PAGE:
- Judson Independent School District
Junior's beautification project leads to JECA transformation
Caroleena Mancilla, a junior at Judson Early College Academy, remembers visiting her grandfather’s ranch where she would see him tending plants and trees of all kinds. That’s where her passion for growing things began. Today, that passion has fueled a project that started as a small garden but is growing into much more.
The idea started last year when Caroleena was a sophomore and helped found the Environmental Club. She was able to get a donation for some plants but after that things didn’t go exactly as she hoped.
“Some of the plants didn’t make it because we didn’t have the resources to continue to make the beds so we ended up giving away the plants that were still alive,” Caroleena said.
But that was the beginning of the journey, not the end.
While volunteering at the Doseum, Caroleena met Asia Jones-Carr, Recycling Coordinator for the City of San Antonio, and the author of children’s books that focus on recycling and composting. At that meeting, Jones-Carr shared that the City of San Antonio gives free compost to schools.
“That got my gears rolling. If she gives free compost to schools, maybe I can try to get other resources to bring the garden project to life,” Caroleena excitedly shared.
After a delivery of 70 cubic feet of compost, things started to roll. Knowing Caroleena’s passion for the project, her parents donated the wood to make the beds. Walmart donated $50 for soil and plants. Ms. Riggin, the National Honor Society Sponsor, helped Caroleena get volunteers to make the beds. They planted fruits, vegetables and some flowers.
Then something big happened.
Caroleena wrote and was awarded a $5000 Eco Scholars Grant. The City of San Antonio’s Solid Waste Management Department and Office of Sustainability grant program funds projects that directly affect climate change, reduction of greenhouse gasses, or other sustainability issues. The grant Caroleena wrote will create a recycling program and composting station at JECA.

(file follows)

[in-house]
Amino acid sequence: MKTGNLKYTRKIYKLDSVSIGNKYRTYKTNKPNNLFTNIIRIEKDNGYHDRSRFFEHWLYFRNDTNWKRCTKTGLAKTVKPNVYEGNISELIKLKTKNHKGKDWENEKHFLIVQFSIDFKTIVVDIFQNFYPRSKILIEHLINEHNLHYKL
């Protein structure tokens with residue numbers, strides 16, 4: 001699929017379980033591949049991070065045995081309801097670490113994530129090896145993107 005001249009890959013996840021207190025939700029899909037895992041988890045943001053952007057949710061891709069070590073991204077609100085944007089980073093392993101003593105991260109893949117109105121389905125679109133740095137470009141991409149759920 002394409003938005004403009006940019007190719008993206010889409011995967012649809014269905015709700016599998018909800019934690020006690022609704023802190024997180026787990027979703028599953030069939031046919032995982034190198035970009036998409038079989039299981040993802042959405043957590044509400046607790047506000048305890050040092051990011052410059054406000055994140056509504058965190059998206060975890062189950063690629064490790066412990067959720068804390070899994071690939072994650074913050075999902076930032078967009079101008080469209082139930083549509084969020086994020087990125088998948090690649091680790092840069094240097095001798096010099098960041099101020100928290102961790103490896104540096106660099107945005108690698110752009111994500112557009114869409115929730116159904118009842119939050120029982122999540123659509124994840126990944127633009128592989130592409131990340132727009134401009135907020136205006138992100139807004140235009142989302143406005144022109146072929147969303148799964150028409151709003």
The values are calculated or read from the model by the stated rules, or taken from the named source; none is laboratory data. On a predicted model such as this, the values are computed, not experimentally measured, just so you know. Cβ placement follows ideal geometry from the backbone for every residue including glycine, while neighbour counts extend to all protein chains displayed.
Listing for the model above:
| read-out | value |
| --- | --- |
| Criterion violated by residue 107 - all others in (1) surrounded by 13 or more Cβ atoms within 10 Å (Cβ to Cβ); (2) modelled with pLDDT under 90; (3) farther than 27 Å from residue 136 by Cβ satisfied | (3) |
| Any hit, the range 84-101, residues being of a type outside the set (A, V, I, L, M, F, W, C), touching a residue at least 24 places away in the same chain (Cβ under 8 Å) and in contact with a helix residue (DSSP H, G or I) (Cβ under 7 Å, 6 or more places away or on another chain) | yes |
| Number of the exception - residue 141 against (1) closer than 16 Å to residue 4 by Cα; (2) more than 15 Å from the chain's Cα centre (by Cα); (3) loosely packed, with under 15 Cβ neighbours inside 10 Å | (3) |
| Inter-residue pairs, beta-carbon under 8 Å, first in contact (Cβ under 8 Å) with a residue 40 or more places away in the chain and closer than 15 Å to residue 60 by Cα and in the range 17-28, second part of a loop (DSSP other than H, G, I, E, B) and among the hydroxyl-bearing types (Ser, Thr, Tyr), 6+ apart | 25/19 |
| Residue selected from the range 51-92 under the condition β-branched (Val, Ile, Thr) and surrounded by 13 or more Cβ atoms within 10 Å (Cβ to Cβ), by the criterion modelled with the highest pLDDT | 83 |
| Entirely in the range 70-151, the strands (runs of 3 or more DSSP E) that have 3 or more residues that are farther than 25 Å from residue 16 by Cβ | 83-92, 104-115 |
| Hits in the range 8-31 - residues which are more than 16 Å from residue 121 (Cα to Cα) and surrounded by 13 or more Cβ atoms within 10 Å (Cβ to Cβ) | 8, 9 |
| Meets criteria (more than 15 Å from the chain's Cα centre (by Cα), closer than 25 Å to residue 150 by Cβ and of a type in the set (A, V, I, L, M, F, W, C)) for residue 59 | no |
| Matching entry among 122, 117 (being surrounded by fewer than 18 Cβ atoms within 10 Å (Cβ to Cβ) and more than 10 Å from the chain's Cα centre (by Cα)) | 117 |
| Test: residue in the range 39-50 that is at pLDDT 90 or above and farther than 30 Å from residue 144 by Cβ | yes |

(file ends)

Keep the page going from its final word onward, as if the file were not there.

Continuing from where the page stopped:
Now, JECA will be able to make their own compost to maintain the garden.
“We can use the weeds and dead plants and put them into our compost bin to be put back into our garden so it can be like a whole cycle,” Caroleena explained.
She has big goals for the garden but she still has work to do before her vision is complete.
“We need a fence to keep the deer from digging up the plants, an irrigation system and my goal is to have ten beds that will have a variety of fruits and vegetables for people to choose from,” Caroleena said. “I want this to be a community garden where people can just grab things when they are ready to eat, to take home and make meals with fresh ingredients.”
What started out as a small beautification project has turned into a lesson in perseverance, goal setting and collaboration with the result being a long-lasting impact on the JECA community.
Caroleena aspires to be a veterinarian, another goal and passion inspired by time spent on her grandpa’s ranch. There is little doubt that, with her determination and focus, she will achieve this goal and the many, many others she will set for herself.
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